Executive Intelligence Review


Russia Tests New ABM Missile and Other New Weapons

April 2, 2018—It is not just new strategic weapons which Russia is developing, such as those Russian President Vladimir Putin identified in his March 1 Address to the Federal Assembly. TASS reports on the test launching of an upgraded Russian air defense missile at Sary Shagan range in Kazakhstan, according to a report from the Defense Ministry daily Krasnaya Zvezda (Red Star) today.

“A new modernized air defense interceptor missile has successfully accomplished its task hitting a hypothetical target at the stated time,” the paper quotes Maj. Gen. Andrei Prikhodko, Deputy Commander of the Russian Aerospace Forces’ air and missile defense task force.

The new missiles will be added to the A-135 anti-ballistic missile system operated by the Russian Aerospace Forces and deployed around Moscow to protect the Russian capital and its environs against enemy missile strikes, according to Sputnik. The test also concerned the missile attack warning systems and control of outer space, Krasnaya Zvezda reported.

The test apparently took place last February, after which Prikhodko said that the technical characteristics of the new interceptor missile by far exceed those of its present-day counterparts.

According to a March 27 article by Arkady Savitsky in the online journal of the Strategic Culture Foundation, Russian President Vladimir Putin left unmentioned in his March 1 televised address a number of other new weapons that Russia has developed, aside from the strategic nuclear weapons that he unveiled. One of these is the Kh-32 air-to-surface missile, which was designed to equip the Tu-22M Backfire bomber. The Kh-32 can be used against either land-based or naval targets, flies at an altitude of 130,000 feet during the mid-course phase of its flight, has a top speed of 5,400 kph, and is maneuverable during the terminal phase of its flight when it is diving down on its target at very high speed, making it very difficult to defend against.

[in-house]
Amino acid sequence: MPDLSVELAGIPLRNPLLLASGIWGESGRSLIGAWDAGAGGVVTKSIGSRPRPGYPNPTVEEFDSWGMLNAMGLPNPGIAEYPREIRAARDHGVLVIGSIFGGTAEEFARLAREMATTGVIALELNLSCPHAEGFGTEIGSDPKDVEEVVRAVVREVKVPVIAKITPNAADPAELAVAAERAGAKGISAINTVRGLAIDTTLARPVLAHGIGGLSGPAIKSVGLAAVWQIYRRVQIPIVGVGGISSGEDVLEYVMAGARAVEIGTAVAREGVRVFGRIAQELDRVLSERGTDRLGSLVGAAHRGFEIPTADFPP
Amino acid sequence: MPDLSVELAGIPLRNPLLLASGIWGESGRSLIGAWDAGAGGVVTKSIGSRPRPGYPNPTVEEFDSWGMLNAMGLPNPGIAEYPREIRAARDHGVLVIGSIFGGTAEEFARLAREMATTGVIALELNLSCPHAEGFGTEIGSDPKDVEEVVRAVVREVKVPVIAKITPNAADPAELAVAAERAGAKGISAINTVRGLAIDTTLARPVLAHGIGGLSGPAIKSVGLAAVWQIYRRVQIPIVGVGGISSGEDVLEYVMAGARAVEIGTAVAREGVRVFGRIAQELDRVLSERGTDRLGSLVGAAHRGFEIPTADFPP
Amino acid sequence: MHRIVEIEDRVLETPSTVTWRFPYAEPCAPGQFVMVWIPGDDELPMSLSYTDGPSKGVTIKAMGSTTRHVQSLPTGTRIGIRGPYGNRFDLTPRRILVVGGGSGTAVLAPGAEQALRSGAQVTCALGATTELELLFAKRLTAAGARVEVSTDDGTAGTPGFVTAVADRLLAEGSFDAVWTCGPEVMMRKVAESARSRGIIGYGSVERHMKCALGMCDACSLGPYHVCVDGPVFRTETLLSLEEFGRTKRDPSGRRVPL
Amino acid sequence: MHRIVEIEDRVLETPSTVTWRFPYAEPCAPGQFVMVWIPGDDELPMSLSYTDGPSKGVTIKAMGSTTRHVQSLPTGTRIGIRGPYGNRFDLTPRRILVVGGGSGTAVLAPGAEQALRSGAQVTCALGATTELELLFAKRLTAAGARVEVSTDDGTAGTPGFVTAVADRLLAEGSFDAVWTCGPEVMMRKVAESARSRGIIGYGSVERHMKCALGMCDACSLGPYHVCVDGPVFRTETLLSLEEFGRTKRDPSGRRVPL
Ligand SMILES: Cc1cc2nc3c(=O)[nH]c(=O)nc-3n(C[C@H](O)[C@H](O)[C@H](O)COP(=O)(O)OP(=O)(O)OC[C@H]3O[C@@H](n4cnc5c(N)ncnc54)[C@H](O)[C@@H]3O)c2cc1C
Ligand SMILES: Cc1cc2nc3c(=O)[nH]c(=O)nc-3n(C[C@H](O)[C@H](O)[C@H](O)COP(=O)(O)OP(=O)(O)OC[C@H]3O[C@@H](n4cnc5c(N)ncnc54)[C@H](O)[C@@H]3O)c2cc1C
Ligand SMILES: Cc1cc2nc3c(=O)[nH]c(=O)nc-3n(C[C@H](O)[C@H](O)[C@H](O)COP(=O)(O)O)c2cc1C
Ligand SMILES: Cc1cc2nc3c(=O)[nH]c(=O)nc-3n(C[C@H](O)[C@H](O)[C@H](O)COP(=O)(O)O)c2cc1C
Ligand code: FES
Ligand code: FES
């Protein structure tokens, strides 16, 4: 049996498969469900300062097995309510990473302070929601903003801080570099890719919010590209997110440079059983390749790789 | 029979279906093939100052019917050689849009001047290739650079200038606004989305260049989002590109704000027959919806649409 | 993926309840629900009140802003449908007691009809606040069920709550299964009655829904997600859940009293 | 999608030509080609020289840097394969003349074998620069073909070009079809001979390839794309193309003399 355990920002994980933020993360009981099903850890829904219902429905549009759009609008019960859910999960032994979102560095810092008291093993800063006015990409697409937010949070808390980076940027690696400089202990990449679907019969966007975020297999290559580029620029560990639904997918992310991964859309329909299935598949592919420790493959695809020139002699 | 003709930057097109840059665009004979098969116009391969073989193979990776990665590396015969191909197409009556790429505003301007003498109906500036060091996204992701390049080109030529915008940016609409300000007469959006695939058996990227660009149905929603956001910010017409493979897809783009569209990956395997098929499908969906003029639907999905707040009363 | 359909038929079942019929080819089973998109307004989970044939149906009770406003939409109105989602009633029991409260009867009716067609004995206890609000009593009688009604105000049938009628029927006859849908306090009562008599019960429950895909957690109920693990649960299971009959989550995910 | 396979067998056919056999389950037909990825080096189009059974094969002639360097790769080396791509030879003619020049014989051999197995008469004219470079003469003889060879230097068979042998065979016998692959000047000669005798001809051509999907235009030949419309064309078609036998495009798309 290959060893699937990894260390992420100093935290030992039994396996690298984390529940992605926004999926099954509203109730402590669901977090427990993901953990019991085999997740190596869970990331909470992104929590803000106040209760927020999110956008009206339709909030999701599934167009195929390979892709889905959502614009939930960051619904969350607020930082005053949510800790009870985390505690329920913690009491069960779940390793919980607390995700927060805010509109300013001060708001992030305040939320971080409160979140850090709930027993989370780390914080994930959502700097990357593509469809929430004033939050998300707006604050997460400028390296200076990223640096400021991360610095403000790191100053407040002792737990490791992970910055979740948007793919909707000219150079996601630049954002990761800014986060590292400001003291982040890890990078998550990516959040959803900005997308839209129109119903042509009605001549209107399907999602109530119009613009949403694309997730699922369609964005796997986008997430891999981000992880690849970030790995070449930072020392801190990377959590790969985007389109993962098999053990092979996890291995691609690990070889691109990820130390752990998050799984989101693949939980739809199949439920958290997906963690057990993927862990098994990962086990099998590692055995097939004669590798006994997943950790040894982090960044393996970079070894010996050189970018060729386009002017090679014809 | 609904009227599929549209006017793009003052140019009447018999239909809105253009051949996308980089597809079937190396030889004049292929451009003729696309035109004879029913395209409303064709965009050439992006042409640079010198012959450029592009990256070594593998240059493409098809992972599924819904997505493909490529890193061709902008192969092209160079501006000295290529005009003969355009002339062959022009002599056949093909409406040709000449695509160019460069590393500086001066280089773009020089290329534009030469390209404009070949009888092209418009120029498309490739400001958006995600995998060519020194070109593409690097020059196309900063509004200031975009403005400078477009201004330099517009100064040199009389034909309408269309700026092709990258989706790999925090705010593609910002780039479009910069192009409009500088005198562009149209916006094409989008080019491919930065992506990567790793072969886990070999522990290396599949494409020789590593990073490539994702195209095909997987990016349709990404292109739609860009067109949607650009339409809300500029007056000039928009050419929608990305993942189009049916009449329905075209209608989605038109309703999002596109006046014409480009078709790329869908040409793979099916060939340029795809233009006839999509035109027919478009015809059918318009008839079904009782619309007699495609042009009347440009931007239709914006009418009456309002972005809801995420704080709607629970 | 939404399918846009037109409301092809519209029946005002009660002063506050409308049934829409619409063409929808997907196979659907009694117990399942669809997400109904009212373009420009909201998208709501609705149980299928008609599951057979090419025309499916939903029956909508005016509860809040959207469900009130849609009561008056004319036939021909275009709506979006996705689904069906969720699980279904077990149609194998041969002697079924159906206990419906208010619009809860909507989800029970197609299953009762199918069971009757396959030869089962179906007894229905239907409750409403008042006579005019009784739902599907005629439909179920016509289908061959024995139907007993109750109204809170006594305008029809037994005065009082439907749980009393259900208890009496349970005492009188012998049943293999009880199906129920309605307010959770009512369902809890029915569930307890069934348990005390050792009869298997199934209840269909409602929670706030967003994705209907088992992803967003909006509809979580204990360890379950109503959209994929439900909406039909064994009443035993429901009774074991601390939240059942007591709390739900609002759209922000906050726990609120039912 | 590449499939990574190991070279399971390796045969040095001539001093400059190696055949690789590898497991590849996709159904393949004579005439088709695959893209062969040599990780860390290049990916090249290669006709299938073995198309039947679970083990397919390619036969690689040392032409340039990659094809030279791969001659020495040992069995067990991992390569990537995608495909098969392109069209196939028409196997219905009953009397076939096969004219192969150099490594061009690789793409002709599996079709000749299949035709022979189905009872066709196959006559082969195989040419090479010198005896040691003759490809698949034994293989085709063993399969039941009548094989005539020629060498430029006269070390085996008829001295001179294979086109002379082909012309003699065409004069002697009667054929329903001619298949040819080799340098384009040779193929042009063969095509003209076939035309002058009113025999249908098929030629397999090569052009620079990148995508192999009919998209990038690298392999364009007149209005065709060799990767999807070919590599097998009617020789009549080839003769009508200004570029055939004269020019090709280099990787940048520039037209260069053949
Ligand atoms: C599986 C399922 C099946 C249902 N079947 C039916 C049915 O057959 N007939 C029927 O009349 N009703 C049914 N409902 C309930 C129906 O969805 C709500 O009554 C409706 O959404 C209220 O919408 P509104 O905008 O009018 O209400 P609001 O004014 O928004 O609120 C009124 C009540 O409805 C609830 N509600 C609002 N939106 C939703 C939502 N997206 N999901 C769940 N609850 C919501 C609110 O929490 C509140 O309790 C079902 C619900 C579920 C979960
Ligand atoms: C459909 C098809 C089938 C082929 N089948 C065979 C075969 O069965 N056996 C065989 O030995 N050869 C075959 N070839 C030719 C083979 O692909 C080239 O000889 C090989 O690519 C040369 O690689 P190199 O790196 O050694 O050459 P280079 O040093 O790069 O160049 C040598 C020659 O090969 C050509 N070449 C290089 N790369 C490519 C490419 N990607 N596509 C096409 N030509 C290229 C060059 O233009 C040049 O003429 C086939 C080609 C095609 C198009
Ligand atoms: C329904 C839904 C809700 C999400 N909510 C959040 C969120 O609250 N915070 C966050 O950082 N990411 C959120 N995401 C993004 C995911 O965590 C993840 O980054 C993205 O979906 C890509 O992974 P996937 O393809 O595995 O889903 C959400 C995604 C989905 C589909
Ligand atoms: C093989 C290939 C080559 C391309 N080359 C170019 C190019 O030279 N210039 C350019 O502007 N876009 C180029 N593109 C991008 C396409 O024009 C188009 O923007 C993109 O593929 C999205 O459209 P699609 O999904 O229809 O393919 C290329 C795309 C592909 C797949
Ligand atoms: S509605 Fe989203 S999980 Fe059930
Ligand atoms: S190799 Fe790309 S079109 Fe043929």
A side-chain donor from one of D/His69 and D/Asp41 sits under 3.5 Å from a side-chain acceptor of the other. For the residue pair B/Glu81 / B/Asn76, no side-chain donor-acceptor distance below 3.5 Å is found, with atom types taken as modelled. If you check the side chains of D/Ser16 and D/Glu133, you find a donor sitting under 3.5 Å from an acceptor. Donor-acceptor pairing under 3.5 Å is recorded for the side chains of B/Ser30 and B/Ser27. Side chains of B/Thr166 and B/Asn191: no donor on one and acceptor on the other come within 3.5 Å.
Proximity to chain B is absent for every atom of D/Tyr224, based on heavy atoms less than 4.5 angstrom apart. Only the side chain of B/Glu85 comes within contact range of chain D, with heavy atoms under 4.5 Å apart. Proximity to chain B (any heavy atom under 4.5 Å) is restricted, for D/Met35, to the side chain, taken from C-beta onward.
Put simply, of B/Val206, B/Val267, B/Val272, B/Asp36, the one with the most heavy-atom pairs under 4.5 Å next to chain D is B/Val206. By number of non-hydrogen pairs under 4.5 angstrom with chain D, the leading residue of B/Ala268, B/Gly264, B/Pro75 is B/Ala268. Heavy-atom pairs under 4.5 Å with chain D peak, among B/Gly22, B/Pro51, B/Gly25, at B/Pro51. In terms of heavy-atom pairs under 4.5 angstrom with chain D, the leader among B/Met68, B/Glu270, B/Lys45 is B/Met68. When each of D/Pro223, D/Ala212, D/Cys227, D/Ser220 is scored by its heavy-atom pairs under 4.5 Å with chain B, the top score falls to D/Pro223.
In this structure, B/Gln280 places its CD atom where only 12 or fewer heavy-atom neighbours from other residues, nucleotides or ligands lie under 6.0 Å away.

The article also discusses the integration of drones and robots into the Russian military, including armed combat robots, and reconnaissance and intelligence-gathering systems. The Russian military is already using robots to provide security at ICBM bases.

The Russian military has also put into service a stealthy, gliding bomb called the Drel. Each unit can carry up to 15 smaller bombs, each weighing 20 kg that are self-guiding after release. A single Drel can fly up to 30 km after release from its carrier aircraft. Alexander Kochkin, the deputy head of the Techmash Concern which designed and builds the Drel, confirmed to Sputnik that it will be used to arm the Su-57 stealth fighter, but can also be used on other types of Russian combat aircraft. The Russians claim that the targeting system used for the Drel cannot be jammed.